#241: Johnny And Mary by Robert Palmer
Robert Allen Palmer was born in the market town of Batley, in West Yorkshire, about 9 miles southwest of Leeds, England. Palmer’s father was a British naval intelligence officer stationed in Malta. Growing up Palmer heard jazz, blues and soul music on American Forces Radio. At the age of 15, Robert Palmer joined a band called the Mandrakes. At the age of 20 he was invited to be a backing vocalist for a single by The Alan Bown Set in 1969 titled “Gypsy Girl”. In 1970 he joined a 12-piece-jazz fusion group named Dada that included Elkie Brooks. In 1971 Palmer, Brooks and her husband guitarist Peter Gage, formed a band called Vinegar Joe. Dada once opened for Jimi Hendrix, and Vinegar Joe once opened a concert for The Who. After they disbanded in 1974, Brooks went on to have a number of Top Ten hits on the UK singles chart including “Pearl’s a Singer”, “Sunshine After the Rain”, and “No More the Fool”.
Robert Palmer released his first album in 1974 titled Sneakin’ Sally Through the Alley. A track from the album, “Get Outside” stalled at #105, just below the Billboard Hot 100. In 1976, Palmer’s album Pressure Drop featured the single “Give Me An Inch”, which stalled at #106 on the Hot 100. A second album in ’76, Some People Can Do What They Like, featured a cover of the calypso song by Harry Belafonte from 1957 titled “Man Smart, Woman Smarter”. It climbed to #63 on the Billboard Hot 100. His fourth studio album, Double Fun, contained his best single effort to date with “Every Kinda People”. The single peaked at #16 on the Billboard Hot 100, and #6 in France. Another track from the album, “Best Of Both Worlds”, climbed to #4 in Belgium.
In 1979 the album Secrets earned Robert Palmer a second Top Ten hit in France with “What’s It Take”. A second track from the album, “Bad Case Of Loving You”, went to #1 in Canada, #9 in France and #14 on the Billboard Hot 100.
At the end of September 1980, Palmer released his sixth studio album Clues. The debut single from the album was “Johnny And Mary”.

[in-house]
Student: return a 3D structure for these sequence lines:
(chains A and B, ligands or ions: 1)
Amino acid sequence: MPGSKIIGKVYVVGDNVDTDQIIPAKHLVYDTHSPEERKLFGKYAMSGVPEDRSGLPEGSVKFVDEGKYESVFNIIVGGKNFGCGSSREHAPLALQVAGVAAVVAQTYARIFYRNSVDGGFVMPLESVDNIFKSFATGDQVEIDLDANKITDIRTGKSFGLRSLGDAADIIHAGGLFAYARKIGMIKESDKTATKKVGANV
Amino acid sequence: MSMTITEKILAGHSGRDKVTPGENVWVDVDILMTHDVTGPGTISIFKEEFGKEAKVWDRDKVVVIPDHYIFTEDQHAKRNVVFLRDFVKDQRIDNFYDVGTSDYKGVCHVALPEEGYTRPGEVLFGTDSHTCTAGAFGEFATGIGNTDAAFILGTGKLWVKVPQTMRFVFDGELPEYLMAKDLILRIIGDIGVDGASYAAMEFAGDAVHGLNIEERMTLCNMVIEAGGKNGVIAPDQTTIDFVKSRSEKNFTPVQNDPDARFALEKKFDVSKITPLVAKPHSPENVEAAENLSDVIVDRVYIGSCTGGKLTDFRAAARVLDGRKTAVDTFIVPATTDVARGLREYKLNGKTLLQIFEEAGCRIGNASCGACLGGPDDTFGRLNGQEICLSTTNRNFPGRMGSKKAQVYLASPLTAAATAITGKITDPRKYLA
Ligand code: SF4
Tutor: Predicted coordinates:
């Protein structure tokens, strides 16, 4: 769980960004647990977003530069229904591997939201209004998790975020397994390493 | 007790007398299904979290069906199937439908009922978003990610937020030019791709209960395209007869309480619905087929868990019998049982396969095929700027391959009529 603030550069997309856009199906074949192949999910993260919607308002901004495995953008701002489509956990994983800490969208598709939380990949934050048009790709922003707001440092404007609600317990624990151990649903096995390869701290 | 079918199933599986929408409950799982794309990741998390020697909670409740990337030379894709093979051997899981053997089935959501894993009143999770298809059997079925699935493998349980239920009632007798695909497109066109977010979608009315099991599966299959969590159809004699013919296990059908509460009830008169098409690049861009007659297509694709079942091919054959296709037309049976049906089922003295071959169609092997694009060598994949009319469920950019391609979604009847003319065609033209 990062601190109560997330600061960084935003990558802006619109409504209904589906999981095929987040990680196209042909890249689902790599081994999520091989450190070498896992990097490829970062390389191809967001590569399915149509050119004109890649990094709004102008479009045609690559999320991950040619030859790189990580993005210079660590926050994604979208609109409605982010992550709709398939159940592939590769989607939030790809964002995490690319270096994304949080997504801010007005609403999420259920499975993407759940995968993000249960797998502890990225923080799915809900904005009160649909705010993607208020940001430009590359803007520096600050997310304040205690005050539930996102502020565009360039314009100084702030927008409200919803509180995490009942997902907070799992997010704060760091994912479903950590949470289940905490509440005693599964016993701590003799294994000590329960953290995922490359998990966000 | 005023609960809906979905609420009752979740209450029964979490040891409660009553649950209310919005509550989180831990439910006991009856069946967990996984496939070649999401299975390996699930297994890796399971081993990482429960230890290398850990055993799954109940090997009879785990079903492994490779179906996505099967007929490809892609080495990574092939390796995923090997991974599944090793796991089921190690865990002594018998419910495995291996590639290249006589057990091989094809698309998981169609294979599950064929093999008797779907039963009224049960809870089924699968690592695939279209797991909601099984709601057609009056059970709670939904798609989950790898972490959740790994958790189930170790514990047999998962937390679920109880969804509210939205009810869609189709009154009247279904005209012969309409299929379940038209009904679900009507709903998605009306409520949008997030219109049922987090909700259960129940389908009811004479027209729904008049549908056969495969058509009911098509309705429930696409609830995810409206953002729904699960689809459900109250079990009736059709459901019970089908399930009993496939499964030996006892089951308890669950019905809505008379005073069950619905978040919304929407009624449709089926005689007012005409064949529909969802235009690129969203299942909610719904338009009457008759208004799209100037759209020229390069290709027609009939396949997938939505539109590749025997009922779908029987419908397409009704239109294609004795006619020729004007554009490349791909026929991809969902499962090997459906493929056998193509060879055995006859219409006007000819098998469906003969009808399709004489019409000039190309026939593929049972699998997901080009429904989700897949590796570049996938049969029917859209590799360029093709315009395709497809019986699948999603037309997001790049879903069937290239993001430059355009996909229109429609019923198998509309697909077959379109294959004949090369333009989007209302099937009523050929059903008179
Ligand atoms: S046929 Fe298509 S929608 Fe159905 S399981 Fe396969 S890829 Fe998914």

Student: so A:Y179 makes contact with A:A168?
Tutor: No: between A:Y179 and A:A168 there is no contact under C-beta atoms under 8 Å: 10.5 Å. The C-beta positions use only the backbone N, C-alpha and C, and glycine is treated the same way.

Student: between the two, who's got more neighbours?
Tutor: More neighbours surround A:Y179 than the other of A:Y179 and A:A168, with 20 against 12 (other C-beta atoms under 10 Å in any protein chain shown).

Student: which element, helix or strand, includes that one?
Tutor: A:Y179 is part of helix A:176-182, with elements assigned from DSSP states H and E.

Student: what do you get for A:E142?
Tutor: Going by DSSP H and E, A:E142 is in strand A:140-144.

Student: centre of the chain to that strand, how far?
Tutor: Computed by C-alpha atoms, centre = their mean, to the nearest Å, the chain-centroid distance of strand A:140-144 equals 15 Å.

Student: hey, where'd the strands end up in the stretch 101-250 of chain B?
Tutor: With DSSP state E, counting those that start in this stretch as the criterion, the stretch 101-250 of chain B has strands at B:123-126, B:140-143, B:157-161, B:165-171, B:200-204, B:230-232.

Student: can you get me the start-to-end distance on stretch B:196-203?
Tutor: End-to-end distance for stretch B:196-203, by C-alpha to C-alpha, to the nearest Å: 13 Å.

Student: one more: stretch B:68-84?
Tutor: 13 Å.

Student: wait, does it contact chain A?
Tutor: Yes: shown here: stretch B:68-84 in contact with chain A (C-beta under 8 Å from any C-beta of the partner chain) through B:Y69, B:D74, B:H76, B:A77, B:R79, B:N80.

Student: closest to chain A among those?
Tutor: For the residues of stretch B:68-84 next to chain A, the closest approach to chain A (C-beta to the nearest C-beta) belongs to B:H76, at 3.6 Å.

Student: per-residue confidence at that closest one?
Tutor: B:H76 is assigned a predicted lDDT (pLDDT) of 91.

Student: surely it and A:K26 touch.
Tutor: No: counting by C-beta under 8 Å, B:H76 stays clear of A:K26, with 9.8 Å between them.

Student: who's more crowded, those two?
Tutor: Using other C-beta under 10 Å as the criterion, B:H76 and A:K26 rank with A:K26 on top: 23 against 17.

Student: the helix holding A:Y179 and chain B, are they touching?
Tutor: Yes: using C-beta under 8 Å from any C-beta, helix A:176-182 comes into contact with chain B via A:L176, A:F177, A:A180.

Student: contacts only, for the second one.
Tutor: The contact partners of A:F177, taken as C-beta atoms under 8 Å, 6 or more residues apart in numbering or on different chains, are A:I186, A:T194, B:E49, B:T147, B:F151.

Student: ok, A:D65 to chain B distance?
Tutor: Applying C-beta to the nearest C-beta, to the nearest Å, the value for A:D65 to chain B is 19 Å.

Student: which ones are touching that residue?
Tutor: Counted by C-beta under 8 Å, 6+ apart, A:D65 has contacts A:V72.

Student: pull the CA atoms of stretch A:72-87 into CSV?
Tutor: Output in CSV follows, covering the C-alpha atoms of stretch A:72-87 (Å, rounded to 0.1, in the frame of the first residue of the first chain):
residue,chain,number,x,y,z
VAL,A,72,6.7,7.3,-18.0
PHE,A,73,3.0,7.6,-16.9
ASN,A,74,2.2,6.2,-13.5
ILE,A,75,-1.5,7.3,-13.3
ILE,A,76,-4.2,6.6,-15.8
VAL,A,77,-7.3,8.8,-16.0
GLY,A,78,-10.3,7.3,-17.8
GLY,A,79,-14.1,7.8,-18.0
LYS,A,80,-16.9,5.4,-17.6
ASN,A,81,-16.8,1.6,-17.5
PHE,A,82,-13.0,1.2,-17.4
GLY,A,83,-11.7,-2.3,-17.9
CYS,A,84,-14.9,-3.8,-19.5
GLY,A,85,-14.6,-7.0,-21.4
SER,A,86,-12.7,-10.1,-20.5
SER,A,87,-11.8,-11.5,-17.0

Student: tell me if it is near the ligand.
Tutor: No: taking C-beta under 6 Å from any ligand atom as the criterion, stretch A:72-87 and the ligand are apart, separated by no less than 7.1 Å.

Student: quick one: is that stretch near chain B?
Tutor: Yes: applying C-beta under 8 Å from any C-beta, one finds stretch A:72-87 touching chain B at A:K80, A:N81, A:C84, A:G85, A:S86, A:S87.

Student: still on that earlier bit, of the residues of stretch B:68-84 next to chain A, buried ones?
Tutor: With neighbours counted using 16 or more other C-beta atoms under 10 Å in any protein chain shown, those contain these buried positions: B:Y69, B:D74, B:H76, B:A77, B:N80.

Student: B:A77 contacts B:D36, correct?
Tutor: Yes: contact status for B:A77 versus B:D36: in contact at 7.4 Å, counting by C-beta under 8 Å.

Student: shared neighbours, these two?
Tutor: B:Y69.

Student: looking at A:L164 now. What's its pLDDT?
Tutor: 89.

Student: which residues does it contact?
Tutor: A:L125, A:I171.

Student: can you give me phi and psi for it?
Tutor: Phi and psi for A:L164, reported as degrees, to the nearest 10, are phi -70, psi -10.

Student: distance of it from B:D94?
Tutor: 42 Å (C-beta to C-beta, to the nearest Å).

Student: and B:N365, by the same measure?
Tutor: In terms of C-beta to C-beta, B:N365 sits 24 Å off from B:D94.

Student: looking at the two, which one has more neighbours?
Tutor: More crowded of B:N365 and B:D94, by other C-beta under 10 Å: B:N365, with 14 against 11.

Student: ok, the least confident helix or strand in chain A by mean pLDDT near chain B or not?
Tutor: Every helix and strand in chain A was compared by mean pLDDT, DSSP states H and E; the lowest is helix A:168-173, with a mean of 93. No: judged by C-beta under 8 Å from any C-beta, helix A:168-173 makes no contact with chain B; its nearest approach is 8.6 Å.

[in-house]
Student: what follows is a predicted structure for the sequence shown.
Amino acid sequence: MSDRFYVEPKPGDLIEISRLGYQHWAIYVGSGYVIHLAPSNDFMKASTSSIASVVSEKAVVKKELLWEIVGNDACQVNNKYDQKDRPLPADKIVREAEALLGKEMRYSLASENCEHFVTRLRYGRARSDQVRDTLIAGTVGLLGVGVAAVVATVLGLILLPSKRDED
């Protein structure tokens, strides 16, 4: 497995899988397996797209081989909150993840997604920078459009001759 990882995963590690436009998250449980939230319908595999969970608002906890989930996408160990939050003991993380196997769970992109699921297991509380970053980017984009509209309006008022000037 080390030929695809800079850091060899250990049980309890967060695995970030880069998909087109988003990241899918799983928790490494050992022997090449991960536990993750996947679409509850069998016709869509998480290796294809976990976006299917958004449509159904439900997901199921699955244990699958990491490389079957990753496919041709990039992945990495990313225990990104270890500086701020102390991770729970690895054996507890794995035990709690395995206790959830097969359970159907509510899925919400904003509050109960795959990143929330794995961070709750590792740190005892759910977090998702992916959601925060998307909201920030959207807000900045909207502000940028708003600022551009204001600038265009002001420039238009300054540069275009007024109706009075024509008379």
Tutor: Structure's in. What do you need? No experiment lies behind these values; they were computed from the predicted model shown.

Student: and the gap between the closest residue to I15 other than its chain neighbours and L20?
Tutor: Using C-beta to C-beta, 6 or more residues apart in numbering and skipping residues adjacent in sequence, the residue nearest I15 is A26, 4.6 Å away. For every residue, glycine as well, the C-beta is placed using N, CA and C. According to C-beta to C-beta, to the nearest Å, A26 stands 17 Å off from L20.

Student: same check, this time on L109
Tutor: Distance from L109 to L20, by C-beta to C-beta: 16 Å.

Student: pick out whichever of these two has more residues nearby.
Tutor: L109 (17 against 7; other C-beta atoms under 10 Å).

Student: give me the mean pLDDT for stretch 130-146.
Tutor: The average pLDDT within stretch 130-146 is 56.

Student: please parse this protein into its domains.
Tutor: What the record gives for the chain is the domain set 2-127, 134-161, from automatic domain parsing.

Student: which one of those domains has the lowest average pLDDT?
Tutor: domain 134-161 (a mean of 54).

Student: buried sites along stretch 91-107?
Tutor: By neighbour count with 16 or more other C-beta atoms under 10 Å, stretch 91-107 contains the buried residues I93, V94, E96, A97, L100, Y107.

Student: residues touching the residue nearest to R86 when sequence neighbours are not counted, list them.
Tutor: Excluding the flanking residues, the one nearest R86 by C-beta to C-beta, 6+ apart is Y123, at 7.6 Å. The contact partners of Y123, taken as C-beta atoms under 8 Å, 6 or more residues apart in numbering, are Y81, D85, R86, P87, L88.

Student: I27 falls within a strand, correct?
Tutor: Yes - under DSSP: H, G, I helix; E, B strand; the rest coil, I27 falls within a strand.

“Johnny And Mary” was written by Robert Palmer. The song paints a portrait of two people: Johnny and Mary.
- Johnny is “trying to find certainty” and spends a lot of time being exceptionally busy doing many different tasks or activities. He’d like to be filled with an unerring sense of being unmistakably right on about things.
- Johnny is needing “the world to confirm” he isn’t “lonely.” Johnny does not possess enough inner direction in his life to answer the question if he feels lonely. He follows advice and instructions from outside sources, to get feedback from them to know how he is doing emotionally.
- Johnny thinks that “the world would be right if it could buy truth from him.” Perhaps Johnny would like to have a booth where people could pay to have him impart some truth he has to share for a fee.
- Johnny has no interest in learning anything from anyone else, but would be “willing to learn when he decides he’s a fool.”
- Johnny thinks he’s “wasting his breath trying to talk sense” to Mary, that it’s useless to try to assist or persuade her to start thinking sensibly about something (a given matter at hand).
- In addition, Mary thinks that Johnny a) tires easily, b) “changes his mind more than a woman,” c) and acts like he’s being discovered.
- Mary says that Johnny lacks a real sense of proportion. In other words, she thinks Johnny lacks the ability to judge the relative importance or seriousness of things.
- While most of the song is about either the narrator’s, or Mary’s conclusions about Johnny, there are a few things we learn from “Johnny And Mary” about Mary, that she combs her hair and counts the walls. Though one can get tangles out of ones hair, after awhile, combing one’s hair becomes either a meditation or a preoccupation. As for counting the walls, assuming Mary is in a living room, den, or bedroom, there are likely only four walls to count, perhaps more if the room is angled in several ways. In any case, she likely tires of counting the walls, and the activity is a sign of boredom.
- The lyrics tell us that Mary made her bed with Johnny. To make one’s bed is to create a difficult situation whose unpleasant consequences one must now endure.